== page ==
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Pre-Summit Weapons Talks Open With U.S. Protest on Daniloff Case

September 06, 1986|DOYLE McMANUS | Times Staff Writer

WASHINGTON — A special round of U.S.-Soviet arms control talks began on a low key Friday despite a statement of protest by the American delegation against the jailing of U.S. reporter Nicholas Daniloff in Moscow, State Department officials said.

The talks, called to prepare for a summit between President Reagan and Soviet leader Mikhail S. Gorbachev, are intended to discuss the superpowers' basic concepts of nuclear arms issues, officials said.

A State Department spokesman said that the chief of the U.S. delegation at the two-day meeting, Paul H. Nitze, read a statement objecting to Daniloff's imprisonment on what the United States calls a trumped-up spy charge.

Officials refused to divulge the contents of the statement or the Soviet response. But they said that the talks, in a small conference room on the top floor of the State Department building, moved on quickly to arms control issues.

The meeting is one of a series of U.S.-Soviet talks aimed at finding areas of possible agreement for a summit, which both leaders have said they would like to see before the end of the year. The talks are intended to pave the way for a scheduled Sept. 19-20 meeting between Soviet Foreign Minister Eduard A. Shevardnadze and Secretary of State George P. Shultz, which will focus largely on a date and agenda for the summit meeting.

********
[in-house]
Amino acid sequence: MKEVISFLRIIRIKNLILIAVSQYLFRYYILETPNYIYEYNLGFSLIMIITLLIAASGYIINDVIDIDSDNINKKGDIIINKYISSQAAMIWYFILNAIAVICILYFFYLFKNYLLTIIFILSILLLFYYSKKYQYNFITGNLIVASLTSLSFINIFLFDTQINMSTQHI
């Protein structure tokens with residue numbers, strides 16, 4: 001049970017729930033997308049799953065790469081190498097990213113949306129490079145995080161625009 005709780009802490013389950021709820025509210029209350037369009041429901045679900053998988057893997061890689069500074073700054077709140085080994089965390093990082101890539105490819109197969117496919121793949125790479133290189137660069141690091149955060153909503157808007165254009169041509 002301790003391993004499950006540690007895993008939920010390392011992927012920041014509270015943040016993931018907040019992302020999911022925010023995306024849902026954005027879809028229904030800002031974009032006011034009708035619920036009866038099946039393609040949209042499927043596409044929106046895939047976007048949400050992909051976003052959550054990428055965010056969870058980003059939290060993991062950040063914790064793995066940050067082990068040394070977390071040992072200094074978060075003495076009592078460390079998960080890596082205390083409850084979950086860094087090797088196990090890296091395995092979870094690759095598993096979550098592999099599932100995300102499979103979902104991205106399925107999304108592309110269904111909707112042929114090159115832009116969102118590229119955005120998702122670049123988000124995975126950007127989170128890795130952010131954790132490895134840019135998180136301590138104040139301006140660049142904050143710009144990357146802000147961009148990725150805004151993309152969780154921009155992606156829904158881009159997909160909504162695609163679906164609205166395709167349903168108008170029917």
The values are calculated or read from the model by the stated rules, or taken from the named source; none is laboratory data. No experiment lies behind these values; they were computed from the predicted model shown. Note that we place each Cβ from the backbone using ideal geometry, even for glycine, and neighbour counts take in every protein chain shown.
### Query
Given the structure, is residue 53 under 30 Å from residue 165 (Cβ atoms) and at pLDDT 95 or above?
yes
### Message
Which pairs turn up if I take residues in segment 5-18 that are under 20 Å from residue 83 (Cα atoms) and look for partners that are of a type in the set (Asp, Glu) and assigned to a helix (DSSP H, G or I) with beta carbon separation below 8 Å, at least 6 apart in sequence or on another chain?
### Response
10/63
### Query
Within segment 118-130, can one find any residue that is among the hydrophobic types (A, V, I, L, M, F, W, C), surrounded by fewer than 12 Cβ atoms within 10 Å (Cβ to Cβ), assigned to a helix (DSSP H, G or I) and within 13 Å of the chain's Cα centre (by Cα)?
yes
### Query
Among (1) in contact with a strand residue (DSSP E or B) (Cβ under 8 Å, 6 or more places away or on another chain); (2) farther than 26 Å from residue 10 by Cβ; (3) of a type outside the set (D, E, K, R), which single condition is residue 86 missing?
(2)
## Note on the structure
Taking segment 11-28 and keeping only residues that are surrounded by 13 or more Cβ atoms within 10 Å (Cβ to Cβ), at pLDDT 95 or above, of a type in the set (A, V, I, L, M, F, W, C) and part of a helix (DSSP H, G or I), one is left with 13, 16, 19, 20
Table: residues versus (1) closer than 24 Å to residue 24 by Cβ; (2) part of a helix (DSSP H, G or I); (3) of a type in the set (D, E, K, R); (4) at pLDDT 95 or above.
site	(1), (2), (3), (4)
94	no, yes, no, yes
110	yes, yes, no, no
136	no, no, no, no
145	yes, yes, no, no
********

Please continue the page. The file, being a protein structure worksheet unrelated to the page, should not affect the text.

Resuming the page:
Focused on Arms Control

Officials who refused to be quoted by name said the talks focused Friday--and will again today--on the broad arms control concerns of each government, such as the Reagan Administration's desire for a long-term transition from offensive nuclear arsenals to defensive systems. They said that formal and detailed negotiations toward a new strategic arms agreement would be reserved for other talks that are scheduled to resume Sept. 18 in Geneva.

Gorbachev has said that the Soviet Union wants to see concrete progress on arms control before a Reagan-Gorbachev meeting. Reagan Administration officials, on the other hand, have said that a summit meeting must take up issues involving human rights and Third World conflicts as well as arms control.

Viktor P. Karpov, head of the Soviet delegation, was asked as he entered the State Department building whether an agreement could be reached during the meetings.

"We are prepared to reach an agreement if there is readiness on the American side," he replied.

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